At early evening the boat swung to anchor along the hard edge off Barren Island, where the Chesapeake Bay bottom drops away quickly from 10 to 50 feet and croaker, spot and sea trout often feed in the midst of summer.The last of the spring-summer seasons for rockfish had ended Sunday, and a long run down the bay for bluefish had been disappointing, with only a handful of two-pounders to show for the effort.But in the evening croaker usually bite hard and often, and the sharp edge off Barren Island seemed an excellent place to fish and snack as the last of the breeze went out of the day and the bay lay down flat for the run north to the Severn River.
SPORTS
By Peter Baker and Peter Baker,SUN STAFF | July 10, 1997
At early evening the boat swung to anchor along the hard edge off Barren Island, where the Chesapeake Bay bottom drops away quickly from 10 to 50 feet and croaker, spot and sea trout often feed in the midst of summer.The last of the spring-summer seasons for rockfish had ended Sunday, and a long run down the bay for bluefish had been disappointing, with only a handful of two-pounders to show for the effort.But in the evening croaker usually bite hard and often, and the sharp edge off Barren Island seemed an excellent place to fish and snack as the last of the breeze went out of the day and the bay lay down flat for the run north to the Severn River.
NEWS
By Tom Horton and Tom Horton,SUN STAFF | May 30, 1997
CONSIDER MUTE swans, which are white and elegant and which, this month, were shotgunned by biologists in the name of ecological balance.And consider the snapping turtle, squat and mean, on whose behalf Maryland's governor just vetoed a fishing bill -- again in the name of what was right, ecologically.The short, simple answer to why the snappers were upheld and the swans done in is that the former are a natural part of the Chesapeake ecosystem, and the latter are not. The turtles, which only a mother turtle could love, nonetheless, fit in.They may very occasionally swallow a fuzzy duckling, which is what seemed to spark a bill authorizing baited lines of hooks to clear out snappers where waterfront owners wished their nature mellowed out.But waterfowl that raise young around the bay have coexisted with snappers since before there was a bay, and are doing just fine.
NEWS
By Dail Willis and Dail Willis,SUN STAFF | May 8, 1997
HOOPER ISLAND -- Handel Hutchinson's voice cracks with anger."This is one of the most gruesome things I've ever seen," he says, pointing to a videotape he made last week of six dead swans. "One mother swan was shot laying on the nest with her eggs."Hutchinson and many other residents of this remote Dorchester County island are outraged by the recent killing of a half-dozen mute swans on nearby, uninhabited Barren Island by state and federal wildlife officials. But state and federal biologists defend the shooting, saying it is unpleasant but necessary to control a burgeoning mute swan population that poses a serious threat to several threatened smaller species of water birds.
SPORTS
By Peter Baker | October 13, 1994
ROCKFISHThe recreational season for rockfish has been extended through Nov. 22, according to the Department of Natural Resources, and until the cold snap this week, it seemed it might take that long for bay water temperatures to cool and for stripers to start to school.However, cold nights are dropping the water temperature quickly and rockfish action should be improving.In the Chesapeake Bay above the bay bridges, good choices for rockfish are holes and humps at the following locations: Poole's Island, Craihill Light, Snake Reef, Tea Kettle Shoals, Worton Point, Love Point, 7-Foot Knoll and the Dumping Grounds.
FEATURES
August 7, 1994
"Vacation: A period of suspension of work, study or other activity, usually used for rest, recreation, or travel; recess or holiday."So says the Random House Dictionary. But after reading the entries from our "Vacation Nightmares" essay contest, we at Sun Magazine think that perhaps the definition of "vacation" should be expanded, as hospitals and hurricanes seem to be frequent intrusions on even the most perfectly planned vacations. Your stories showed us that real-life vacations often contain more mosquitoes than margaritas, more delays at airports than dips in the ocean.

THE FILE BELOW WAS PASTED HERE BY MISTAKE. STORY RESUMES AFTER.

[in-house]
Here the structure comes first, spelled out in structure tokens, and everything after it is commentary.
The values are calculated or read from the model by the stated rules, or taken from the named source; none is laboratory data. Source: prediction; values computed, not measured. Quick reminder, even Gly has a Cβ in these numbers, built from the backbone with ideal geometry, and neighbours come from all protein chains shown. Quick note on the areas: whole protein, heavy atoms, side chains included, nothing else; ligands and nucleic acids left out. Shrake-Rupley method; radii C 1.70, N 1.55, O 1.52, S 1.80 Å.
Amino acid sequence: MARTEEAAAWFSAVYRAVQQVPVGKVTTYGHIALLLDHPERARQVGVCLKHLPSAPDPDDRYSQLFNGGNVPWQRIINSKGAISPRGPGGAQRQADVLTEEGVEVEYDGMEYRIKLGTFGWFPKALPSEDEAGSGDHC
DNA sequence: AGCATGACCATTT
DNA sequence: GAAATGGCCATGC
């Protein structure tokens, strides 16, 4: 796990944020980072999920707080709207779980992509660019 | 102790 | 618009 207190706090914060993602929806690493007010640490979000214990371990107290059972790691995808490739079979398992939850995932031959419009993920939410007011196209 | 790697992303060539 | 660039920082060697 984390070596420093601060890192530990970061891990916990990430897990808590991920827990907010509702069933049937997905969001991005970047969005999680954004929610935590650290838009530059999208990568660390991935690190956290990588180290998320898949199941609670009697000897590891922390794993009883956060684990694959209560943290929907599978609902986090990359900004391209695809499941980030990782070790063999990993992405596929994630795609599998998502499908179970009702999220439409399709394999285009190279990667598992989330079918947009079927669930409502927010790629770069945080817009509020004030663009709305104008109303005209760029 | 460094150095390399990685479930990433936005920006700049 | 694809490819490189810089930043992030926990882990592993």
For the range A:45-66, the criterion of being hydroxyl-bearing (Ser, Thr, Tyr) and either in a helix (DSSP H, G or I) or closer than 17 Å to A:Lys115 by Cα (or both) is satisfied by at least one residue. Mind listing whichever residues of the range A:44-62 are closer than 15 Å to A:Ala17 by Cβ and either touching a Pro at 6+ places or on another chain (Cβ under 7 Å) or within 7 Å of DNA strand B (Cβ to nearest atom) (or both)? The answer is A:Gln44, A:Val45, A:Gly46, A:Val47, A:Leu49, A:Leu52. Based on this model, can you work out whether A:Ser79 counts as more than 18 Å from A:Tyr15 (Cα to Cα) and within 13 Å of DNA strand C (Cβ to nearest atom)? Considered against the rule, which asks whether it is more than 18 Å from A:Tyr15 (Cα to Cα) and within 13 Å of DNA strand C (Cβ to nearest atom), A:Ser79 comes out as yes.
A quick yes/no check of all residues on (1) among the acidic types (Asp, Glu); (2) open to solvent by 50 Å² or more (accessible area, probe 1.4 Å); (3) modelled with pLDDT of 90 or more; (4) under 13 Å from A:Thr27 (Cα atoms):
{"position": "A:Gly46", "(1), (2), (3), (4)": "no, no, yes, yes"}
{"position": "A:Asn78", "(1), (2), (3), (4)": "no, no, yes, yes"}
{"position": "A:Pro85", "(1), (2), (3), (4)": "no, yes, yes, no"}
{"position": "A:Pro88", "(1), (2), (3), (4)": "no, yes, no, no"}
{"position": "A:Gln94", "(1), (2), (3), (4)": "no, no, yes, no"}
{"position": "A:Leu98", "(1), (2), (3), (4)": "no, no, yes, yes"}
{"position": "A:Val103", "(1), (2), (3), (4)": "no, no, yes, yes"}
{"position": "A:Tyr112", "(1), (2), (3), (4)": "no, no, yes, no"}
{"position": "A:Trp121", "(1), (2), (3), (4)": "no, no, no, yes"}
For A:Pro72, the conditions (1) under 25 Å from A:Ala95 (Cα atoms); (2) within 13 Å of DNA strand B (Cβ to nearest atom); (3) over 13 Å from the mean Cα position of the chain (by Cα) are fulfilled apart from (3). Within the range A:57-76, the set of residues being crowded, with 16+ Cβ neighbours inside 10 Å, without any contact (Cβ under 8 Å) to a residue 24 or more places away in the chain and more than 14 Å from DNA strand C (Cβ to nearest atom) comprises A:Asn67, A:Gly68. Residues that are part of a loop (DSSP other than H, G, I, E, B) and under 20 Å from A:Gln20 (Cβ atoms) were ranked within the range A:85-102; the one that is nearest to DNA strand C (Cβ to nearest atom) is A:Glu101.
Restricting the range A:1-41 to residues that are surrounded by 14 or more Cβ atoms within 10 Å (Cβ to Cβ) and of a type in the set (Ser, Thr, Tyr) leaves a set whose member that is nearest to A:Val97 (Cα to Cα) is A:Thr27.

NEWS
December 10, 1991
An eroding, uninhabited island in Chesapeake Bay that harbors important colonies of waterfowl and shore birds has been purchased by a conservation group.Barren Island -- 200 acres of salt marsh, pine woods and meadows -- was bought from its two owners last month for $280,000 by the Conservation Fund of Arlington, Va., said spokesman Jack Lynn. The money came from the National Fish and Wildlife Foundation.The island has an active American bald eagle nest and the only colony of black skimmers, a state-threatened bird, in the Maryland portion of the bay.
FEATURES
August 7, 1994
"Vacation: A period of suspension of work, study or other activity, usually used for rest, recreation, or travel; recess or holiday."So says the Random House Dictionary. But after reading the entries from our "Vacation Nightmares" essay contest, we at Sun Magazine think that perhaps the definition of "vacation" should be expanded, as hospitals and hurricanes seem to be frequent intrusions on even the most perfectly planned vacations. Your stories showed us that real-life vacations often contain more mosquitoes than margaritas, more delays at airports than dips in the ocean.
ENTERTAINMENT
Richard Gorelick and The Baltimore Sun | May 7, 2014
The Maryland Seafood Marketing Program, an effort of the state's Department of Natural Resources, has started up its fourth season of chef education tours.  The tours offer culinary professionals an opportunity to see Chesapeake seafood products up close, and to harvest them alongside the watermen who derive their livelihood on the bay. In its first three years, more than 400 chefs have enrolled in the education tours, on which they've explored...
NEWS
By Robert C. Keith | October 7, 1991
OVER THE Labor Day weekend, I captained a nature study tour through one of Maryland's least-known and most beautiful waterways, the Honga River.Traveling in very traditional style aboard the 63-year-old renovated oyster "buyboat" Half Shell, our group of 30 departed Solomons, at the mouth of the Patuxent River, crossed Chesapeake Bay, passed through the zig-zag channel of Tar Bay and "Barren Island Gap," squeezed past the old wooden swing bridge at Fishing...